A new coil pack would have set me back quite a bit, so I got hold of a used one and refurbished it. The slideshow below illustrates the process.
I fitted the refurbished coil pack with new 8 mm HT leads and it fired right up. Four months and a few thousand kilometers later and the plugs and sockets are still shiny.
The only issue remaining is that the new coil pack’s bracket is cracked, as shown in the pictures above. The old coil pack has separate cores for each coil, while the new one has a shared core for both coils, so while the brackets are nearly identical, the screw holes don’t line up. I need to drill new holes in the old bracket so the new coil pack will fit. I didn’t have a drill bit of the correct diameter available and was impatient to get the car back on the road, so I’ve been driving around with a cracked bracket. It hasn’t shaken loose yet—knock on wood.
If any other Miata owners read this, I’d love to hear from you about the condition of your coil pack and especially about any uneven wear or corrosion on coil sockets and HT lead tips. I have a hunch that the #4 socket is particularly vulnerable, although I have no idea why.
FreeBSD just published a security advisory for, amongst other issues, a piece of code in OpenSSH’s PAM integration which could allow an attacker to use one user’s credentials to impersonate another (CVE 2015-6563, original patch). I would like to clarify two things, one that is already mentioned in the advisory and one that isn’t.
The first is that in order to exploit this, the attacker must not only have valid credentials but also first compromise the unprivileged pre-authentication child process through a bug in OpenSSH itself or in a PAM service module.
The second is that this behavior, which is universally referred to in advisories and the trade press as a bug or flaw, is intentional and required by the PAM spec (such as it is). There are multiple legitimate use cases for this, such as:
Letting PAM, rather than the application, prompt for a user name; the spec allows passing NULL instead of a user name to pam_start(3), in which case it is the service module’s responsibility (in pam_sm_authenticate(3)) to prompt for a user name using pam_get_user(3). Note that OpenSSH does not support this.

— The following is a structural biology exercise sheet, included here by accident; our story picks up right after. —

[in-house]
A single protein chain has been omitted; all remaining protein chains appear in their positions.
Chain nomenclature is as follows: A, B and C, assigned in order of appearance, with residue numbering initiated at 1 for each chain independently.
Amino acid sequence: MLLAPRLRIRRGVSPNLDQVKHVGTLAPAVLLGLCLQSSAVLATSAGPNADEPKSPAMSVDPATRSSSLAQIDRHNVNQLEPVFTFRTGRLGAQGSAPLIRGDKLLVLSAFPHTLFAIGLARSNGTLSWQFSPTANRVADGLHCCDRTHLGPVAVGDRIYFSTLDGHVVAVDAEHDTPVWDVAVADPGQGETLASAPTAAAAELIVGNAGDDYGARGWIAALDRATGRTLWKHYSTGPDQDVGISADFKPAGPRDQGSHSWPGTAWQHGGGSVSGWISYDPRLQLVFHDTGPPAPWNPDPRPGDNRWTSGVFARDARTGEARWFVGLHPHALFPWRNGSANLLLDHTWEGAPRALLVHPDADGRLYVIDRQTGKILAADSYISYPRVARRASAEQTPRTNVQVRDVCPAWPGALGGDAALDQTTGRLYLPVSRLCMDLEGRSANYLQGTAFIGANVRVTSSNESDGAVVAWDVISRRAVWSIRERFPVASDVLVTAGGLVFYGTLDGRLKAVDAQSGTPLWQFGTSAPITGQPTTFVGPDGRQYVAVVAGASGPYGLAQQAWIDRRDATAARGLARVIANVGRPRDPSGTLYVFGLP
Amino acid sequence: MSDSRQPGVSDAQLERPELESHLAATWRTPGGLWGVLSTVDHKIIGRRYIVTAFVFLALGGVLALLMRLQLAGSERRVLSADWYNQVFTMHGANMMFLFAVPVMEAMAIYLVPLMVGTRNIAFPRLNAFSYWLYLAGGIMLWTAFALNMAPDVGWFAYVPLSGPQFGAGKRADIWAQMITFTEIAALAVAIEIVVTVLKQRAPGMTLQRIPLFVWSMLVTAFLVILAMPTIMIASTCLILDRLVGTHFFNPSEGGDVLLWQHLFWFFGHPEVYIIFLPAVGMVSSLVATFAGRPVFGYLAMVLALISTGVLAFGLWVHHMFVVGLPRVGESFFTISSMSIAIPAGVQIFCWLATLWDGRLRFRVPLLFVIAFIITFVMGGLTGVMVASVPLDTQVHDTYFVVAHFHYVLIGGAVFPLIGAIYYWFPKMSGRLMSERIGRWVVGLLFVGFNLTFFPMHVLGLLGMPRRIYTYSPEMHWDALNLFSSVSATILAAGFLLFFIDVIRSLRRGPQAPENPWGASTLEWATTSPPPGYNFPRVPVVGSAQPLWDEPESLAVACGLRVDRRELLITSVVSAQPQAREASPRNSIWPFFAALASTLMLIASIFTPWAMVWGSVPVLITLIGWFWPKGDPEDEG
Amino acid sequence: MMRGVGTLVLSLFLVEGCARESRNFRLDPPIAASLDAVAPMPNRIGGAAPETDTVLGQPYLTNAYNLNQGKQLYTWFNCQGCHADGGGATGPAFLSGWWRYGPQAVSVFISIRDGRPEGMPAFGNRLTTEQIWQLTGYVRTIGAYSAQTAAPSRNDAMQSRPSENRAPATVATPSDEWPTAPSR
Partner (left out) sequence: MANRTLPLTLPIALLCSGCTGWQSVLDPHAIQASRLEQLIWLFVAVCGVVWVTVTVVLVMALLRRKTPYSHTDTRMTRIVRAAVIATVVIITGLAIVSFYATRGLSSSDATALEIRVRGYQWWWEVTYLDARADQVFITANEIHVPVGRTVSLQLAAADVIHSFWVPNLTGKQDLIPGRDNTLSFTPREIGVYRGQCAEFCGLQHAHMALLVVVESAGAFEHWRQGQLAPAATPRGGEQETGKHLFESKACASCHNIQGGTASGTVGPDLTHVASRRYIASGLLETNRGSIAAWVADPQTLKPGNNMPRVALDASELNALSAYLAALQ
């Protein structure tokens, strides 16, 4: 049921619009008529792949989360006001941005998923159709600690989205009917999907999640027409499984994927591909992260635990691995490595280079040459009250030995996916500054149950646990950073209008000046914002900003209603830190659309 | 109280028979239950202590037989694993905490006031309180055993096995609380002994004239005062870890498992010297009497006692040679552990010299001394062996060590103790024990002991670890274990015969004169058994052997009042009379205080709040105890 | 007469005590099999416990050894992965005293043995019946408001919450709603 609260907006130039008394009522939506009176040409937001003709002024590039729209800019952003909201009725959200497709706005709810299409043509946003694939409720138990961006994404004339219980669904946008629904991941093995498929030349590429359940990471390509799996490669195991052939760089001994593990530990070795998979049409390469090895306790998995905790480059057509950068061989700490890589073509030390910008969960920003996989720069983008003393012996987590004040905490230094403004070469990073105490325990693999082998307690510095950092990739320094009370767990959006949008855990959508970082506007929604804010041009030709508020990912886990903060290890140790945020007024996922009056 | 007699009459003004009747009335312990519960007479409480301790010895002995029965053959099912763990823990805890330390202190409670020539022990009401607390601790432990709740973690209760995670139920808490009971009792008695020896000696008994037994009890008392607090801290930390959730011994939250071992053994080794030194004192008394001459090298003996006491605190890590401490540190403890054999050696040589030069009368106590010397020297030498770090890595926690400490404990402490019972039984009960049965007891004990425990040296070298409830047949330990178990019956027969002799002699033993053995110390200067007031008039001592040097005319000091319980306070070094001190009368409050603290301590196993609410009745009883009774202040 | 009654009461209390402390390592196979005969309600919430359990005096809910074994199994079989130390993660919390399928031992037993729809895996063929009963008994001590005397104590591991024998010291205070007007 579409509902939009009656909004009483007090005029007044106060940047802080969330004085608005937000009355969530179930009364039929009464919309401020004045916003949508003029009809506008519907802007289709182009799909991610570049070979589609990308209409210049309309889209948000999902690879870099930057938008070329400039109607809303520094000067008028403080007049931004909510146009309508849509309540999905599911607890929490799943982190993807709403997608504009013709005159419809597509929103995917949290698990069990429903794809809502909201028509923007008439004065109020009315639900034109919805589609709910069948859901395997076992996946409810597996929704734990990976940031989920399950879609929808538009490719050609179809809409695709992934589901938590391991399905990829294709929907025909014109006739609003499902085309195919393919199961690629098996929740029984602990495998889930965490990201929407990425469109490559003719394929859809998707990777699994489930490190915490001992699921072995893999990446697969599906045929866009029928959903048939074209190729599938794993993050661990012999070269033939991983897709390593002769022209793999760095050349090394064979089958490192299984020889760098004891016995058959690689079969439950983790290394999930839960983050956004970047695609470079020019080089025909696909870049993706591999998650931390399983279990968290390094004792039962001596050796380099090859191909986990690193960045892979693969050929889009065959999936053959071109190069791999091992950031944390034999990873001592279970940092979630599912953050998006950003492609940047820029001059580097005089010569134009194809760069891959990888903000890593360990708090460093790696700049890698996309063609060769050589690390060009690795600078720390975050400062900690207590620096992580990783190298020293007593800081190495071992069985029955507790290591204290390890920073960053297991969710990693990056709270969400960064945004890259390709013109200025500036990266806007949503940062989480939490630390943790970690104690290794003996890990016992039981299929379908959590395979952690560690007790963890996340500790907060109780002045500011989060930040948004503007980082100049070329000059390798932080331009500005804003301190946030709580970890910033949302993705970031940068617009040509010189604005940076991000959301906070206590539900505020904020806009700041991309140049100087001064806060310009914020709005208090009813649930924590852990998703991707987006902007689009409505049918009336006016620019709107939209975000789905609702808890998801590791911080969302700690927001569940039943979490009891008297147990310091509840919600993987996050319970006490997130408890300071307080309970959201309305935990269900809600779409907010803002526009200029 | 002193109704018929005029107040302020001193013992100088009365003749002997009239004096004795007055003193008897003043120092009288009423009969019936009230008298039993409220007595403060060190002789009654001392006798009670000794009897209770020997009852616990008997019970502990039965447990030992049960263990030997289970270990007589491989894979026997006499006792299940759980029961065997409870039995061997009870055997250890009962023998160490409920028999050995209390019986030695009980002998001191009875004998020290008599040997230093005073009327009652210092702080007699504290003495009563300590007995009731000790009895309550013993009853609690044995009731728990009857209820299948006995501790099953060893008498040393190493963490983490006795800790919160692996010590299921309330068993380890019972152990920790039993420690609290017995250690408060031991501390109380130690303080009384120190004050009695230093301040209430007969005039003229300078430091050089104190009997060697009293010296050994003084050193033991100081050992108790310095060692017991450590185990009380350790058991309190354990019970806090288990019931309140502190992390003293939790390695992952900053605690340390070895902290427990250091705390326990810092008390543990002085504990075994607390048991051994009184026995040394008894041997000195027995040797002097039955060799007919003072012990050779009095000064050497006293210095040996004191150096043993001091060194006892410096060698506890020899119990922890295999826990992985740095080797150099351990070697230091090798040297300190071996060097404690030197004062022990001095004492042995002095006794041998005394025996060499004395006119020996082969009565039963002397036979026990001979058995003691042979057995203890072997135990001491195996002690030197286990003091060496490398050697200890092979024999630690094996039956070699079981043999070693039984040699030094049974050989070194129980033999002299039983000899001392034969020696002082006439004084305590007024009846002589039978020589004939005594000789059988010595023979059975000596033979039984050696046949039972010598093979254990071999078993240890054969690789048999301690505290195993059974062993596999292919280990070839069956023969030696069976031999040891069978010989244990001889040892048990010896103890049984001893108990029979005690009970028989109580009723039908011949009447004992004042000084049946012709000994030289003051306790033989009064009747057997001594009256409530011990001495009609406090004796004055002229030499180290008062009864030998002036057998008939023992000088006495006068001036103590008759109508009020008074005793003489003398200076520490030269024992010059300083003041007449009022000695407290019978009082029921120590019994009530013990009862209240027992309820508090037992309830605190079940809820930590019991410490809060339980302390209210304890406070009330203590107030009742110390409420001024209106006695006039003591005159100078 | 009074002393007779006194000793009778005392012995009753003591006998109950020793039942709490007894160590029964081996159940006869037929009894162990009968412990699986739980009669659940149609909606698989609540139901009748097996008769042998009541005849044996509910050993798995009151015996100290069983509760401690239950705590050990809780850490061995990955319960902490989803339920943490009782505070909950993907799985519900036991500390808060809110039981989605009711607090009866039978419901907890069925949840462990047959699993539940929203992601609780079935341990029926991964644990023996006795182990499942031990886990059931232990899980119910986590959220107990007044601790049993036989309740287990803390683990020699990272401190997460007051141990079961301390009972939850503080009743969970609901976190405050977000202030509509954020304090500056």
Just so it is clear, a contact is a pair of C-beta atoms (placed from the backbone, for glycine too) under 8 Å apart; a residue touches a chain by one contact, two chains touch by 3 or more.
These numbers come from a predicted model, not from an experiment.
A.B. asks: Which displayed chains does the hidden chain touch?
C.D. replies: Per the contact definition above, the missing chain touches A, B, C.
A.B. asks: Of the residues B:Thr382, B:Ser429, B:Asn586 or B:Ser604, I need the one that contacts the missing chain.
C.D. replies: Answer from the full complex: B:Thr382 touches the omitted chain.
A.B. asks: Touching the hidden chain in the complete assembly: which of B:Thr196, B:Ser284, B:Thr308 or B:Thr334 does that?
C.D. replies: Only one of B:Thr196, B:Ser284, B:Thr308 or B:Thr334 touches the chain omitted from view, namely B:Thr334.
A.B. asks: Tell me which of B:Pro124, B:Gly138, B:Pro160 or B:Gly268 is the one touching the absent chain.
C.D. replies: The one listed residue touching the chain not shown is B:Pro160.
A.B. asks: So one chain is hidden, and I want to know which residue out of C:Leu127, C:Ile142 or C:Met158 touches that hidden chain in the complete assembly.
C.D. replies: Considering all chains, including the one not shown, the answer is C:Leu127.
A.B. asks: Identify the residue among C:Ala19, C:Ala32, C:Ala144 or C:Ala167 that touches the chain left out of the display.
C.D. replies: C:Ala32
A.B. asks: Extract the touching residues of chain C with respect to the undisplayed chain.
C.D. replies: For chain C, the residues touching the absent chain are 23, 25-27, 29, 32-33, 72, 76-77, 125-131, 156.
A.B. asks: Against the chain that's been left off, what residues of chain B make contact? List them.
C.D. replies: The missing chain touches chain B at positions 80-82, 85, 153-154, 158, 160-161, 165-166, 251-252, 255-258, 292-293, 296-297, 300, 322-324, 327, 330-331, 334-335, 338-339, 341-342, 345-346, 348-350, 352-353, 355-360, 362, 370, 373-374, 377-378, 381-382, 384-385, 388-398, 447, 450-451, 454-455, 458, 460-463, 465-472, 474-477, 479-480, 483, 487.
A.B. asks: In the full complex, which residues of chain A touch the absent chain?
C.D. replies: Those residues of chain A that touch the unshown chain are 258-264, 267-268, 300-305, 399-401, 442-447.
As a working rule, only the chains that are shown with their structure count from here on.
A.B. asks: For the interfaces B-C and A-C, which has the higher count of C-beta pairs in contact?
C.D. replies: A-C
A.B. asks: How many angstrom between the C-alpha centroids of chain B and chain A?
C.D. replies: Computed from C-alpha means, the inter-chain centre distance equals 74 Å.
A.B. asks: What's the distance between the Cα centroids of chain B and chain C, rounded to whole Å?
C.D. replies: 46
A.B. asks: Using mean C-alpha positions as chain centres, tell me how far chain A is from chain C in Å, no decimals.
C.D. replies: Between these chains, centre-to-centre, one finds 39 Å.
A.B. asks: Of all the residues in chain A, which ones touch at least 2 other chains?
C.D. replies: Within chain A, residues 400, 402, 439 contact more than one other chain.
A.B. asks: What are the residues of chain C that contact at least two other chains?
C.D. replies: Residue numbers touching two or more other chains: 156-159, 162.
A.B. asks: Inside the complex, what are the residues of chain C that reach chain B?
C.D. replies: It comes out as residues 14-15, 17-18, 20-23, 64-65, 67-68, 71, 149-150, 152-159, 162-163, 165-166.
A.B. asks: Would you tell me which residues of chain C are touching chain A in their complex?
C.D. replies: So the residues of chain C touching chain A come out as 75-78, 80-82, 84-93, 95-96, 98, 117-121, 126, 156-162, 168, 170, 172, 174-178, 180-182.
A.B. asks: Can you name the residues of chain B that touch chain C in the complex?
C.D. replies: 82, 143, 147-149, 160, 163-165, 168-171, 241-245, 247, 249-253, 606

Mapping multiple users with different identities and credentials in the authentication backend to a single “template” user when the application they need to access does not need to distinguish between them, or when this determination is made through other means (e.g. environment variable, which service modules are allowed to set).
Mapping Windows user names (which can contain spaces and non-ASCII characters that would trip up most Unix applications) to Unix user names.
That being said, I do not object to the patch, only to its characterization. Regarding the first issue, it is absolutely correct to consider the unprivileged child as possibly hostile; this is, after all, the entire point of privilege separation. Regarding the second issue, there are other (and probably better) ways to achieve the same result—performing the translation in the identity service, i.e. nsswitch, comes to mind—and the percentage of users affected by the change lies somewhere between zero and negligible.
One could argue that instead of silently ignoring the user name set by PAM, OpenSSH should compare it to the original user name and either emit a warning or drop the connection if it does not match, but that is a design choice which is entirely up to the OpenSSH developers.
Update 2015-08-27 NIST rates exploitability as “medium” rather than “low” because an attacker who is able to impersonate the UID used by the unprivileged child can use a debugger or other similar method to modify the username that the child passes back to the parent. In other words, an attacker can leverage elevated privileges into other elevated privileges. I disagree with the rating, but have never had any luck getting NIST to correct even blatantly false information in the past.